… Including places where you normally find only criminals.
Once a month, a cardboard box from Colorado appears at the office of a conservative Christian lawmaker in central Georgia, filled with derivatives of marijuana, to be distributed around the state in the shadows of the law.
Operating in ways he hopes will avoid felony charges of drug trafficking, state Rep. Allen Peake, R-Macon, is taking matters into his own hands. He’s shepherding cannabis oil to hundreds of sick people who are now allowed by the state to possess marijuana, but have no legal way of obtaining it.
Nearly all the new state-level cannabis laws, both medical and recreational, contain odd quirks: strange compromises between legalizers and prohibitionists; bizarre signs that lawmakers simply don’t know what they’re doing; provisions to keep pot a boutique business; or contrary provisions (especially as big crony biz realize that legalization is a real thing with real profits to be made from it) to ensure than only the wealthy and connected can enter the trade.
Georgia’s laws are particularly weird. Amid its mostly brutal Reefer Madness-era laws, NORML says Georgia grants one exception: a fairly generous allotment allowing CBD-heavy cannabis extracts for people with certain specified conditions.
Georgia just doesn’t allow its residents to, you know, actually obtain the stuff. Or grow the stuff for themselves.
That’s some quirk.
And it doesn’t look close to changing, even though Rep. Peake, the Freedom Outlaw noted above, is working to liberalize the illiberal law. But until he and his allies can improve matters, he’s personally doing whatever it takes to alleviate suffering. Putting himself on the line in a very serious way in a state whose pot laws are positively medieval … just to do the right thing.
CBD (cannabidiol), as opposed to the more famous THC (tetrahydrocannibinol), offers no high, and in fact suppresses the THC high. Both cannabinoids have medical benefits, but it’s CBD that’s becoming more prized by many medical patients.
Real, quantifiable data on the effects of cannabinoids against various diseases is hard to come by — thanks to generations of drug warriors preventing medical marijuana from being studied. Such monomaniacal control freaks can still be heard across the land crying, “Marijuana has NO medical benefits!” And they can claim this in part because they’ve personally seen to it that it’s hard for anybody to actually check. (On a side note, these crazed drug warriors have also prevented studies on the evidently very, very beneficial effects of psychoactive drugs like LSD, psylocibin, and mescaline (in clinical or ritualized settings), for easing the agonies of both cancer and some forms mental illness.)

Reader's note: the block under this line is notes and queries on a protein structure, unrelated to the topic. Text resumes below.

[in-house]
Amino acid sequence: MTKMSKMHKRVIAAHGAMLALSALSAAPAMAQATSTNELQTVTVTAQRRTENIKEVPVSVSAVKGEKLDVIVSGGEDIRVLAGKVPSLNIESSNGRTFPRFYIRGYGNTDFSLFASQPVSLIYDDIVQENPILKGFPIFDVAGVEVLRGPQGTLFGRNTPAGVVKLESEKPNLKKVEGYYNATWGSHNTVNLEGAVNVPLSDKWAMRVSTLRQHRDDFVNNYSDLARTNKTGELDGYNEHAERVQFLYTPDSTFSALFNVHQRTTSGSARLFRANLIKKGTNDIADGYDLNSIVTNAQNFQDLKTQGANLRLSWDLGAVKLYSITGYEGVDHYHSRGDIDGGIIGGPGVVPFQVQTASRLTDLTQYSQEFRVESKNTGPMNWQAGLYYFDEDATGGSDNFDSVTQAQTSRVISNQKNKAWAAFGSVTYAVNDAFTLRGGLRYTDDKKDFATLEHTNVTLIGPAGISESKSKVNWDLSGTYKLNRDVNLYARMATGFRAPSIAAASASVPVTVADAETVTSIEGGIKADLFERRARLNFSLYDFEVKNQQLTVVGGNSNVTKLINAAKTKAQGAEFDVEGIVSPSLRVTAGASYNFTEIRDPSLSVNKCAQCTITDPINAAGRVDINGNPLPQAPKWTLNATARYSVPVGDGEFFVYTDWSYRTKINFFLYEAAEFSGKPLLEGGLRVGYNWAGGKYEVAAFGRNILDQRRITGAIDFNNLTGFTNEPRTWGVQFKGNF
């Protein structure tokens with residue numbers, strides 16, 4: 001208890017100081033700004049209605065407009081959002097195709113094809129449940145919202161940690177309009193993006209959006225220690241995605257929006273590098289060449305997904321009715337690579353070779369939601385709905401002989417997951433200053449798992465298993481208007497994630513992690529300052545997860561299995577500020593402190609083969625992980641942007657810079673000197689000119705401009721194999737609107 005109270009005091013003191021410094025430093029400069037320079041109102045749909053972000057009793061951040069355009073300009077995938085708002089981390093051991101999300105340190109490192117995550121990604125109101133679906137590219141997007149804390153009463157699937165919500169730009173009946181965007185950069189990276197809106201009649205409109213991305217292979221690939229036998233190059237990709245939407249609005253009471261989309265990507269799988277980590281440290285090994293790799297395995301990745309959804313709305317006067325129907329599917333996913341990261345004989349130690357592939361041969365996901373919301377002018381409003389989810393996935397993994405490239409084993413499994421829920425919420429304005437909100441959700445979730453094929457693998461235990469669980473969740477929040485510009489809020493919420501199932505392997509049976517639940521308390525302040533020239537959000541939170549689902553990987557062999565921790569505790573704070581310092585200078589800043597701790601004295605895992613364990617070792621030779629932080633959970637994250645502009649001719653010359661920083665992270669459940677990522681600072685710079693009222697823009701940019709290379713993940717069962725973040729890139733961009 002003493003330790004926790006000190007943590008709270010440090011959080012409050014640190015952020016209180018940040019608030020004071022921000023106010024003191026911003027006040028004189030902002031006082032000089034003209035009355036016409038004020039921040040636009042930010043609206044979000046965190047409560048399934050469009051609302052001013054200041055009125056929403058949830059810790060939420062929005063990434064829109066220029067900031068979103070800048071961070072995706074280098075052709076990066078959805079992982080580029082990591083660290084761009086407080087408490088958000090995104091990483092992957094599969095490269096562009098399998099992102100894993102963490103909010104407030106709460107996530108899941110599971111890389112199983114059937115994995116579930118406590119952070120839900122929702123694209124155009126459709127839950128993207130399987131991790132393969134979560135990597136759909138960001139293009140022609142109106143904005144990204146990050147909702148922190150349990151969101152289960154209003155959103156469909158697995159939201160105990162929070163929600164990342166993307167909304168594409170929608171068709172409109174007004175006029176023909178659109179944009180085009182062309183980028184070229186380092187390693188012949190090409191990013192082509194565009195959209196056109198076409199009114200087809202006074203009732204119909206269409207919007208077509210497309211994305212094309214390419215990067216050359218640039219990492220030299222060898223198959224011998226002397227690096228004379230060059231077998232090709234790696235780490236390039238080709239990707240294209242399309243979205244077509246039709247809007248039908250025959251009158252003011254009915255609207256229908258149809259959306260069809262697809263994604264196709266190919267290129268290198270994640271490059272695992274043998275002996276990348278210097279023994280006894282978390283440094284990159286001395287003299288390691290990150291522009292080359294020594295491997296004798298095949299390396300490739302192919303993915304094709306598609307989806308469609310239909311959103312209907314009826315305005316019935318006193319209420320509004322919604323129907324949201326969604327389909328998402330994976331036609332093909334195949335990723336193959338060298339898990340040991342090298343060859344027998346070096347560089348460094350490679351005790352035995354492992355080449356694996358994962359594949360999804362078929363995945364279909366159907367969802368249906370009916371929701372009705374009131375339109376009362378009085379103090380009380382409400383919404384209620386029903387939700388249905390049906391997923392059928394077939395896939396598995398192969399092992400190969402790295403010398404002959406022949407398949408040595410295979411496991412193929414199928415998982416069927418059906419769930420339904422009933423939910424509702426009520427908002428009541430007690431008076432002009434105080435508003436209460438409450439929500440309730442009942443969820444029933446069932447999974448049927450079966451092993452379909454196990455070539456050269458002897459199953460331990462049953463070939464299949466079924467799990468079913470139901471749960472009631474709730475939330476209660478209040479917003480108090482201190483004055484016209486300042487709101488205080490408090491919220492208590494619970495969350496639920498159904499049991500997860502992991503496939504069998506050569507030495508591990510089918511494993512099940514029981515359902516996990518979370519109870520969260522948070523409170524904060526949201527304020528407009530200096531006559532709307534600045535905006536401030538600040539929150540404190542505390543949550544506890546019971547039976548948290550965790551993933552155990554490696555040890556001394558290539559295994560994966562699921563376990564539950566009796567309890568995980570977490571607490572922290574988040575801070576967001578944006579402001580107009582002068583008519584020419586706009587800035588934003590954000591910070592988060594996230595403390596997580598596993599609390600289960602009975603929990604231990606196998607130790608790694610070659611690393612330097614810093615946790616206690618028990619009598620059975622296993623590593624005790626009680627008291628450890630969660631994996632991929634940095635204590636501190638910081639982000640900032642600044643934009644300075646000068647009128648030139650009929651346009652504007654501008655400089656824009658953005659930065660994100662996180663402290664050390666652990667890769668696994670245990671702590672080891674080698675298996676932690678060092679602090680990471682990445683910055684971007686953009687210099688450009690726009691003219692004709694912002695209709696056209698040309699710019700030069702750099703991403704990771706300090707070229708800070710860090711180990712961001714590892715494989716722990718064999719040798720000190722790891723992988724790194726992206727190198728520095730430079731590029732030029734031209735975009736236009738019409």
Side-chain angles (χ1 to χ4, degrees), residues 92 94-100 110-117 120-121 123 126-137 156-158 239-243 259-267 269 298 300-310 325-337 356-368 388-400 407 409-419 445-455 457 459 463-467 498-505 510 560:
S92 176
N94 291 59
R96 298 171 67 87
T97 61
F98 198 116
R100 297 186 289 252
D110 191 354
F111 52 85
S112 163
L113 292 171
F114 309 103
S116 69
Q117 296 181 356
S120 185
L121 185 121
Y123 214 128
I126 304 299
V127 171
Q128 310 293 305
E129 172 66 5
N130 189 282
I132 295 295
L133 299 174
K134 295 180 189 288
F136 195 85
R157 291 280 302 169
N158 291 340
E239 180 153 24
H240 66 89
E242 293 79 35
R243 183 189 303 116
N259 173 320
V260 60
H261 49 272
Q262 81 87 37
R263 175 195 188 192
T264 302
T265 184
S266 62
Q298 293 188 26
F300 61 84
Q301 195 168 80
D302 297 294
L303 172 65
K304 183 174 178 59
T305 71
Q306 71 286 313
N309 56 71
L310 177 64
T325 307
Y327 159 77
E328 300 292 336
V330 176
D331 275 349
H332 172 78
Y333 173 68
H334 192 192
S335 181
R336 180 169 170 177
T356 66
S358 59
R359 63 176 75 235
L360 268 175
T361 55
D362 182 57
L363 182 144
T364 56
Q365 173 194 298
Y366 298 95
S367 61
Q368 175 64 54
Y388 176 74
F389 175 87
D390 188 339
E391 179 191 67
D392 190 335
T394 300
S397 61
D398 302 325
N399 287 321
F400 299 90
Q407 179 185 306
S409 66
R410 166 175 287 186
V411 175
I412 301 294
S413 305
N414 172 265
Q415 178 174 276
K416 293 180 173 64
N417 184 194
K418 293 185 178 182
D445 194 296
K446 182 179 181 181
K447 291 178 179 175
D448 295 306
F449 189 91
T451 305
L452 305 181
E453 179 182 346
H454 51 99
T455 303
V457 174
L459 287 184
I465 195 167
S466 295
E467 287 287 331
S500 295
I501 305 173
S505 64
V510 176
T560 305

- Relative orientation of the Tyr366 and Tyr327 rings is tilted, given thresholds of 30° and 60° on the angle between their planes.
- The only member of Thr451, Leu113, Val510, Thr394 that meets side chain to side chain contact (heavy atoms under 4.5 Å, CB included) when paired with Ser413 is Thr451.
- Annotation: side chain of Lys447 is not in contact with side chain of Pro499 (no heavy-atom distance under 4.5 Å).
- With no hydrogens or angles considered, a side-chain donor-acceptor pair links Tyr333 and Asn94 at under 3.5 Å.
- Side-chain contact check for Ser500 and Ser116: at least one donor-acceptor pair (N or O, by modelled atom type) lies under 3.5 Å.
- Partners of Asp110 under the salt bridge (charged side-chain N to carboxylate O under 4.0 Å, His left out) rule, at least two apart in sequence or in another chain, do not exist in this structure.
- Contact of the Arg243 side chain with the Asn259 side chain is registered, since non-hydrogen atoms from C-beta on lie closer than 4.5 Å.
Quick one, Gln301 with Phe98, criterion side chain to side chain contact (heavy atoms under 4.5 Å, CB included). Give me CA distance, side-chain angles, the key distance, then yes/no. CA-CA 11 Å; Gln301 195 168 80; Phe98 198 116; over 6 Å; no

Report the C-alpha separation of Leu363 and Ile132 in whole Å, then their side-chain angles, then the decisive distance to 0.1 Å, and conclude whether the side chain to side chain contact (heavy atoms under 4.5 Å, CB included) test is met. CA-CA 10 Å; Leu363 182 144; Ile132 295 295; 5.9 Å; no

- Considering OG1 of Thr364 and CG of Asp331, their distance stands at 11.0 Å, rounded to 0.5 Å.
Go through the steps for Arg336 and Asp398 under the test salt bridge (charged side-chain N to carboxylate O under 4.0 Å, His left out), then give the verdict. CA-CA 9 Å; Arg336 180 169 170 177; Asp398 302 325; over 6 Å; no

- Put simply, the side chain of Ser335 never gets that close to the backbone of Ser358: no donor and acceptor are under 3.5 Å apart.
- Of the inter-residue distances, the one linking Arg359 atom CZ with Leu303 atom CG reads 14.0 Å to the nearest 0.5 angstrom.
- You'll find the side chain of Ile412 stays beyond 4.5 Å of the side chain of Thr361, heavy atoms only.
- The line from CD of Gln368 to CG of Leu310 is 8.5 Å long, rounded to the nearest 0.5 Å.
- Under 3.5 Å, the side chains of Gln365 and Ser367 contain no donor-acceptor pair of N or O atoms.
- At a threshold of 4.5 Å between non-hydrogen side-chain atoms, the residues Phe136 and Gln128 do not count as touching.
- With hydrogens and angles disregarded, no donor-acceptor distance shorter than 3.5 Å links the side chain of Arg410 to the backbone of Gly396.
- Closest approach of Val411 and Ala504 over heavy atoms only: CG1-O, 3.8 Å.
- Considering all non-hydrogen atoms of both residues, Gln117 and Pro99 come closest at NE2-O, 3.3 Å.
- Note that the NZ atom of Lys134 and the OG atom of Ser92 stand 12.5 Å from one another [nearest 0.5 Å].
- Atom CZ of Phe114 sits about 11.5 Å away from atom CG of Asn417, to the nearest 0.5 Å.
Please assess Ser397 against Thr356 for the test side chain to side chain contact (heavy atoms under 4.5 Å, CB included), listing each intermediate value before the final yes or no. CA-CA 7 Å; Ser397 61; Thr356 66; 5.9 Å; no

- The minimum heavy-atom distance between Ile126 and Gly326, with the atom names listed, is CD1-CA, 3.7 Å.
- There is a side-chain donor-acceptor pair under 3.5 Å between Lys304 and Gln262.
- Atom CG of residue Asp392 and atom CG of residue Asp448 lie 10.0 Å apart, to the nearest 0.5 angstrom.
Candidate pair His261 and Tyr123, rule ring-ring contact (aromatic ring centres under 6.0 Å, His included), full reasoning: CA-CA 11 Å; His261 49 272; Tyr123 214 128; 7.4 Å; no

While neither Peake nor anybody else is saying how the cannibis oil he distributes gets to Georgia or who pays for it, Peake’s a wealthy man who’s already put a lot of his money into helping medical marijuana patients:
He’s the CEO of one of the nation’s largest franchise restaurant businesses, with more than 100 locations including Cheddar’s and Fazoli’s. He says he runs this business on biblical principles and donates to Christian charities, a practice that led him into the world of cannabis when he began helping families with the costs of moving to Colorado for the legal access to treatments they couldn’t get in Georgia.
Those connections led to the arrival each month of boxes on his office doorstep, filled with bottles of cannabis oil of varying concentrations within Georgia’s now-legal THC limit.
Peake says he doesn’t know who brings it into the state, and doesn’t ask.
Because … yeah, his pain-allieviating, potentially lifesaving kindness is a felony.
Long live a Great American Outlaw!